Critical care cardiovascular nurse expert and novice diagnostic cue utilization

Authors


Rosalyn R. Reischman, College of Nursing, University of Florida, 2102 College Street, Jacksonville, FL 32204, USA. E-mail: reisch@nursing.ufl.edu

Abstract

Aim.  Critical care cardiovascular (CCCV) nursing diagnostic expertise was the focus of this research. The purpose of the study was to compare diagnostic cue utilization between expert and novice CCCV nurses.

Background.  Knowledge related to objective measures of clinical nursing diagnostic expertise would enhance effective and efficient recognition, utilization, and reward of clinical expertise.

Methods.  Five CCCV written simulations served as instruments in the study. Diagnostic content areas included left ventricular dysfunction, cardiac tamponade, sepsis, right ventricular failure, and hypovolemia related to internal abdominal haemorrhage. The sample was composed of 23 expert and 23 novice nurses. After reading each simulation, subjects were asked to verbally recall the simulation, give an impression of the predominant problem or diagnosis, and give a diagnostic explanation. Verbal recalls were audio-taped for protocol analysis. Diagnostic accuracy and cue utilization were determined through comparisons of subjects' recalled diagnoses and cues with results from an expert panel review consensus. The major variable was the mean recalled proportion of highly relevant cues to total cues (HRC/TC) on accurately diagnosed simulations. Chi-square analysis revealed that diagnostic accuracy was greater with experts than with novices. Differences between and among simulations, expertise, accuracy and the mean proportion of highly relevant cues to total cues were examined with a 4 × 2 × 2 factorial analysis of variance.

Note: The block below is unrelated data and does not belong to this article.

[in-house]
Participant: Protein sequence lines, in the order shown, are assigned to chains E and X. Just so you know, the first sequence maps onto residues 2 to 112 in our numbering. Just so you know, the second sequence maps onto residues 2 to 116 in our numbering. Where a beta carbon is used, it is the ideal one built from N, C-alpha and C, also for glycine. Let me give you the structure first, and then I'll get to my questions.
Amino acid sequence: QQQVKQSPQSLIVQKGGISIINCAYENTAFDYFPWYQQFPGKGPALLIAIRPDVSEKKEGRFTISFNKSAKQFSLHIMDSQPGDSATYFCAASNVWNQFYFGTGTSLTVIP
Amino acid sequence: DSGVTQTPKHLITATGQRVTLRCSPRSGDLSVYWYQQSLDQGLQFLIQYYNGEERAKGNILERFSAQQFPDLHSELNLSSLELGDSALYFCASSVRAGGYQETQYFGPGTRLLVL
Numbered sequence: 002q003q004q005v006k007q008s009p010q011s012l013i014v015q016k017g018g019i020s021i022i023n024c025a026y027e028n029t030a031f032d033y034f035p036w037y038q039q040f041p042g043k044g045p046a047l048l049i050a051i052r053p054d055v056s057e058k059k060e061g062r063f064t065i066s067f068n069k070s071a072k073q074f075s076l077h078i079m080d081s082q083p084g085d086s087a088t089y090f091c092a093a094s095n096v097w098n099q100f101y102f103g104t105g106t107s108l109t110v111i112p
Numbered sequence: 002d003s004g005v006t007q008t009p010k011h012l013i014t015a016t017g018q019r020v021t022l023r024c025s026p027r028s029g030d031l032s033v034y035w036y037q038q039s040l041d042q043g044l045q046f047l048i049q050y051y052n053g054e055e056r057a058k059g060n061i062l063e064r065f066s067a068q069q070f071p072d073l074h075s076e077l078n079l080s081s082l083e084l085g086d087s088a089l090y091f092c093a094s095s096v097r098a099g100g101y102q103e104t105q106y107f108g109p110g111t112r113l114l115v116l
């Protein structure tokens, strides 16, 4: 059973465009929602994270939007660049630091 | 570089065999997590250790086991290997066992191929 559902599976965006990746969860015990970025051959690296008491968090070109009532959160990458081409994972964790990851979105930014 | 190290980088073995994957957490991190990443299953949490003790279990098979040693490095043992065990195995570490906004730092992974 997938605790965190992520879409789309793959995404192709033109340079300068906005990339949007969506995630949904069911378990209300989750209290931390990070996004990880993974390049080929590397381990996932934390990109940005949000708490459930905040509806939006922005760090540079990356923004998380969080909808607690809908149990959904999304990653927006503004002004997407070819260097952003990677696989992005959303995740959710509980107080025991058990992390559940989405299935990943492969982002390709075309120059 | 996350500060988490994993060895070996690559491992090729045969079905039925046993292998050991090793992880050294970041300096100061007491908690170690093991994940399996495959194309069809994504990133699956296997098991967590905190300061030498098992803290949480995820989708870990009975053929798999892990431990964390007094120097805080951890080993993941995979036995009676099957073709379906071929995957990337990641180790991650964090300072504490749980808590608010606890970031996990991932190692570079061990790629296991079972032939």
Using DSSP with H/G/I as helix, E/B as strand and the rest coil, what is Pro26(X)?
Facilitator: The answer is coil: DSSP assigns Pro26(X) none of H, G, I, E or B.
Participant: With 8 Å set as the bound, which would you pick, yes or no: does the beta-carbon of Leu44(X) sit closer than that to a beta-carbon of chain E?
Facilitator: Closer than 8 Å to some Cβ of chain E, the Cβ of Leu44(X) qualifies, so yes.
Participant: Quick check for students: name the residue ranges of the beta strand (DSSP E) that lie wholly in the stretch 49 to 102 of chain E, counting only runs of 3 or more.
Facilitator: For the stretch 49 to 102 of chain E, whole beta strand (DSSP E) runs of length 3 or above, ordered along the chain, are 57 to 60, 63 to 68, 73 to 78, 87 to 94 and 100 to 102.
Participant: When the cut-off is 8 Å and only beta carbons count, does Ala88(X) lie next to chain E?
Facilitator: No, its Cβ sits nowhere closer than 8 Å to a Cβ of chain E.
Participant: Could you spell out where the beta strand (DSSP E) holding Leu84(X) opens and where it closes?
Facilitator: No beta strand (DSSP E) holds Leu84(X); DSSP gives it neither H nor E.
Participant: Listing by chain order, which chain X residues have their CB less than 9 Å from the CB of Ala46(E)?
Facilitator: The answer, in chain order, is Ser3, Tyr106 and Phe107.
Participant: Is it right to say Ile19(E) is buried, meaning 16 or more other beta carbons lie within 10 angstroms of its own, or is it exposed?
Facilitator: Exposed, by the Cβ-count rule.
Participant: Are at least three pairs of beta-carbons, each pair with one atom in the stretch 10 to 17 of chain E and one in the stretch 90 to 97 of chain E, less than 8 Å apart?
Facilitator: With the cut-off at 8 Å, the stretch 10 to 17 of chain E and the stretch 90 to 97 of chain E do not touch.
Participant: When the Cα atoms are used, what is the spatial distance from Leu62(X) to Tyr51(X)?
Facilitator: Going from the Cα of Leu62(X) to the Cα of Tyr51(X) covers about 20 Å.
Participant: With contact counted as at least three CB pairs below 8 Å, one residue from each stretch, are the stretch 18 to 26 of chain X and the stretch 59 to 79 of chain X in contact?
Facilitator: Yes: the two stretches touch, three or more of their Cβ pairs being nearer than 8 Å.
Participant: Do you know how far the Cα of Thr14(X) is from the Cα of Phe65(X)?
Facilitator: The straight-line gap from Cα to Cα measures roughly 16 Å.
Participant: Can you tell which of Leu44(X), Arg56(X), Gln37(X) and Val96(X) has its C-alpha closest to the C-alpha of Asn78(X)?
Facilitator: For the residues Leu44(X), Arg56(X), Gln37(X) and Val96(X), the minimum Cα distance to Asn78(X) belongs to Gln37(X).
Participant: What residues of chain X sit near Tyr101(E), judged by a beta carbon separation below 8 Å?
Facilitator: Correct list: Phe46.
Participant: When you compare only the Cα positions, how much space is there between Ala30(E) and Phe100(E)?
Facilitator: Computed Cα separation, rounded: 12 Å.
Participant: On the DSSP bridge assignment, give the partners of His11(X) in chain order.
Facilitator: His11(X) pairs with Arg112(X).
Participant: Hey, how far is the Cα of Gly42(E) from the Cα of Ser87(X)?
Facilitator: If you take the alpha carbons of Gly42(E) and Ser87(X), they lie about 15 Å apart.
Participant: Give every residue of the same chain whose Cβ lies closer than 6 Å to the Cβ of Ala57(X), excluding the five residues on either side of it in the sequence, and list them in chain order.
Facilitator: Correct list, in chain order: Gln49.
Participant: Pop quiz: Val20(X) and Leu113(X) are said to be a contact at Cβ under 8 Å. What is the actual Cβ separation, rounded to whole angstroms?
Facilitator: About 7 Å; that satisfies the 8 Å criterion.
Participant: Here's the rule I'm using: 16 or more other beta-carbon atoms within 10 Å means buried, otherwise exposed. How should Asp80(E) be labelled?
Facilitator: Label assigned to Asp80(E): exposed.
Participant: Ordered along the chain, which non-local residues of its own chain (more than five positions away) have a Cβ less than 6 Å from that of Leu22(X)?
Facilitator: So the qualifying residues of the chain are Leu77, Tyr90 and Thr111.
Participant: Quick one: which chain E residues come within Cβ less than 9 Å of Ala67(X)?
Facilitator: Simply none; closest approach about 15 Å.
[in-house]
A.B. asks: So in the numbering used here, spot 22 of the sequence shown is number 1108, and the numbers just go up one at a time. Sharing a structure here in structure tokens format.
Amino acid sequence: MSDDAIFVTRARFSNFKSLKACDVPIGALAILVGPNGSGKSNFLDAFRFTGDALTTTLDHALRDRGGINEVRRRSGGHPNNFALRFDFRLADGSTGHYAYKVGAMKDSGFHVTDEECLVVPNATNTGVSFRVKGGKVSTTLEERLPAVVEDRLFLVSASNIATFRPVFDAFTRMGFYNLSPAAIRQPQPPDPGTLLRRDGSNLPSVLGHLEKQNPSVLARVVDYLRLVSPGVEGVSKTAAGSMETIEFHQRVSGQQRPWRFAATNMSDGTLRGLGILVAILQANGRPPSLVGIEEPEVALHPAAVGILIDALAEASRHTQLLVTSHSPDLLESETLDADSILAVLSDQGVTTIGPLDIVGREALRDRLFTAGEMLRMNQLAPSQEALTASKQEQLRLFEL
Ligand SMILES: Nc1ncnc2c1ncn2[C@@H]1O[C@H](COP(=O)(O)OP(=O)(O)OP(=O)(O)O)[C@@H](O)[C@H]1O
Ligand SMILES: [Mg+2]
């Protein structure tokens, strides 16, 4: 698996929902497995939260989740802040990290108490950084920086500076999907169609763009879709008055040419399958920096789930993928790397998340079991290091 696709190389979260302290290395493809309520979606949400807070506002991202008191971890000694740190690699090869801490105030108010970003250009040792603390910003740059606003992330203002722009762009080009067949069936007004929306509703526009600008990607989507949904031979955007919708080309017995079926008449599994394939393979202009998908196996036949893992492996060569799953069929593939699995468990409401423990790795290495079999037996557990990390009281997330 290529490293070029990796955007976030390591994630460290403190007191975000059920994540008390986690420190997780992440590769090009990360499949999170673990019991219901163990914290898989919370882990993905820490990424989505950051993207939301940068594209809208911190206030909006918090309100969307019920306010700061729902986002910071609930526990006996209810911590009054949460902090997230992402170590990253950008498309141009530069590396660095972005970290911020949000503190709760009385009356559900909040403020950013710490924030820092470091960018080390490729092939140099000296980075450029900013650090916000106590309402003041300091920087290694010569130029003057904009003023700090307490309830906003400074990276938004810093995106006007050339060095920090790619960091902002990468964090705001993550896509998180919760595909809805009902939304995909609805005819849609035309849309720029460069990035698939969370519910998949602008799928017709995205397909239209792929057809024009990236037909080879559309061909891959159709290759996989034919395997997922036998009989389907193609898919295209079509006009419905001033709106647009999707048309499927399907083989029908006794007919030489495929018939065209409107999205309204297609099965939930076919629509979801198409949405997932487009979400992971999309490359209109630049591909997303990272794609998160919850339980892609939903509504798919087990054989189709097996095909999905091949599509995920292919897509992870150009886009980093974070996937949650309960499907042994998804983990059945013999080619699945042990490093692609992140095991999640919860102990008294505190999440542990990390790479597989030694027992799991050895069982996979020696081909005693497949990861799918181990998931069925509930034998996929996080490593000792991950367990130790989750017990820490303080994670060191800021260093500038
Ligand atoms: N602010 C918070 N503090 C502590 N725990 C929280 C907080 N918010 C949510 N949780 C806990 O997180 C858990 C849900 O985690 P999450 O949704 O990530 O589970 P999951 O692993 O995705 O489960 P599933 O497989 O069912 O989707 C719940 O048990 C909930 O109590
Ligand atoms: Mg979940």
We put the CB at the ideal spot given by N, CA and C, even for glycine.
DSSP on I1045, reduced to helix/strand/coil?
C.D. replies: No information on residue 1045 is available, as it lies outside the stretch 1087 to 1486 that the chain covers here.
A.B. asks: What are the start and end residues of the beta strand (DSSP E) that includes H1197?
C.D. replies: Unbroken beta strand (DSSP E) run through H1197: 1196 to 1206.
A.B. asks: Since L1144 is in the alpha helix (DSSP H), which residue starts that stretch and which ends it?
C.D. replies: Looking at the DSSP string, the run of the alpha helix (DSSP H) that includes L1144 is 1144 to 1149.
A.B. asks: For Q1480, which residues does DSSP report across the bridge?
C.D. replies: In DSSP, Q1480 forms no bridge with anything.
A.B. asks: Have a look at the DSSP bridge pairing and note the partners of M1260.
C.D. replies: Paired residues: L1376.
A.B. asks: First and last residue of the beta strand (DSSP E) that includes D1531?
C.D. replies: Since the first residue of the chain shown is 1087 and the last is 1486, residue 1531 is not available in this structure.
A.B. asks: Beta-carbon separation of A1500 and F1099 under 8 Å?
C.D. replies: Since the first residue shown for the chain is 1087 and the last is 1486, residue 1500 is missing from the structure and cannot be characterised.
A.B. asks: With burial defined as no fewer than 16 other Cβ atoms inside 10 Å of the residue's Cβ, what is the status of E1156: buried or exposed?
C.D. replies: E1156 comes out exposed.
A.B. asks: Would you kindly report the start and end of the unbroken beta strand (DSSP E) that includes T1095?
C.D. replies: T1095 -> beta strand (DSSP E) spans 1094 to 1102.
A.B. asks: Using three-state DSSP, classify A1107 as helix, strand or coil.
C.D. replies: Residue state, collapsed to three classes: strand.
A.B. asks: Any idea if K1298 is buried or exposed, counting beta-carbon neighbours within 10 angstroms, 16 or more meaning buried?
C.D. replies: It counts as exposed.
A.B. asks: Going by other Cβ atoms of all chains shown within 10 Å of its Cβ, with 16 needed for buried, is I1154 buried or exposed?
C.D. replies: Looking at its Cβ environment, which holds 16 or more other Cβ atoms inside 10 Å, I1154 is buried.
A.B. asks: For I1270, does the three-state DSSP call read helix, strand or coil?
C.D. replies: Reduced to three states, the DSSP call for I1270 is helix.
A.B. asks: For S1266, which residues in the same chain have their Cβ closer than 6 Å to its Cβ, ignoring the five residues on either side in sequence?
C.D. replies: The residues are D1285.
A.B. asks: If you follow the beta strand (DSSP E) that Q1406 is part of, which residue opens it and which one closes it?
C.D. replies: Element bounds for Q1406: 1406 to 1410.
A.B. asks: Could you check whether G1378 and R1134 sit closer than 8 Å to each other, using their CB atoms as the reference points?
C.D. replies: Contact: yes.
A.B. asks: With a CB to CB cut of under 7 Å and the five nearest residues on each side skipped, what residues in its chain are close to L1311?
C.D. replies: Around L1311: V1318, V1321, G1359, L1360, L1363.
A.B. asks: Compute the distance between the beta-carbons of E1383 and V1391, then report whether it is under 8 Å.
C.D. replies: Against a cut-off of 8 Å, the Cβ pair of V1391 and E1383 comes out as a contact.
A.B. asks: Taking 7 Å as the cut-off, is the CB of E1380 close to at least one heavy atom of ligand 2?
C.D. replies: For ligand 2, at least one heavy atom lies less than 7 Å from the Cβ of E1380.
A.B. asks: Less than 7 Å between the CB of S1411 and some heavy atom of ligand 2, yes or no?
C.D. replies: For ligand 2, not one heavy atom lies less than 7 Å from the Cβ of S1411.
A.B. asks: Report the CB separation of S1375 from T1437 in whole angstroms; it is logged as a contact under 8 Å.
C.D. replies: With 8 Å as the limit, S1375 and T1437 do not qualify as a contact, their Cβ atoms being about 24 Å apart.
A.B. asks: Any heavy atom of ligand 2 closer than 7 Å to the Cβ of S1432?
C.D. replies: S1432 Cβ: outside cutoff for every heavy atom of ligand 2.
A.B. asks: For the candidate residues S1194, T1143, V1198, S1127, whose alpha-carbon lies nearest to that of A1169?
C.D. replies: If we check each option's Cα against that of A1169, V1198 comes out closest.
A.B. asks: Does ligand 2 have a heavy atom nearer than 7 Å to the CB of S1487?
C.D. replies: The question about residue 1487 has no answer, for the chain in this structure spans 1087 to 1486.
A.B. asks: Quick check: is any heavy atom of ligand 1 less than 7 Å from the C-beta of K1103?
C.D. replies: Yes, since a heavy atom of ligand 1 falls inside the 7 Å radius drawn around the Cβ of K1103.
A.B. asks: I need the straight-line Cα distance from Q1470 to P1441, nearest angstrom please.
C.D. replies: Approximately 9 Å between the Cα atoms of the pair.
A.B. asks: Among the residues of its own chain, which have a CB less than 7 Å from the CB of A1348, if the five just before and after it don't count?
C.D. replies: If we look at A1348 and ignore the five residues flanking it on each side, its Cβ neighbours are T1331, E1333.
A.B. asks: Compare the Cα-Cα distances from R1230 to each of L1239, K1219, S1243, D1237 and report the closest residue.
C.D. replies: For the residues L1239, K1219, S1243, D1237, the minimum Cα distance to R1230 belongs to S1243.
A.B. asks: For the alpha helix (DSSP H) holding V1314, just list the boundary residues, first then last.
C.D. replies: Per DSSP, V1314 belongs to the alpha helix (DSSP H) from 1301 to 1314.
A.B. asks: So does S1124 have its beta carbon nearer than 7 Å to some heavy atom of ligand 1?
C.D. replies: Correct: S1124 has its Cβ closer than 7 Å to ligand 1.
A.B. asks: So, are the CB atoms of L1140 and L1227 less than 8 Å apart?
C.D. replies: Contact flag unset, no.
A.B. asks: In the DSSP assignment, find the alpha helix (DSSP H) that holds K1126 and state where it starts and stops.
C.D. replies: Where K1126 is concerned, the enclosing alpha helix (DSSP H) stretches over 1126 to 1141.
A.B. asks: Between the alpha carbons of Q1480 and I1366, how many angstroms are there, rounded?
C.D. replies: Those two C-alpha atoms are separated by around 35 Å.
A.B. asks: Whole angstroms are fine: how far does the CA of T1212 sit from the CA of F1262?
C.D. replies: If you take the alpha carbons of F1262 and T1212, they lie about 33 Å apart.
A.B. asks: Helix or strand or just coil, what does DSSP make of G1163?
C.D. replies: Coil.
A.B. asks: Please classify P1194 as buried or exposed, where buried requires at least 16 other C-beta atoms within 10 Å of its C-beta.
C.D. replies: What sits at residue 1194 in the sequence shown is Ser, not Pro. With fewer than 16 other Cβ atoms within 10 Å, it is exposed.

Results.  When considering all accurately diagnosed simulations, experts had a higher HRC/TC than novices. The major limitations were the use of low fidelity written simulations and virgin verbal protocol methods.

Conclusion.  The findings generally support the idea that the development of diagnostic expertise is associated with the ability to focus on highly relevant cues.

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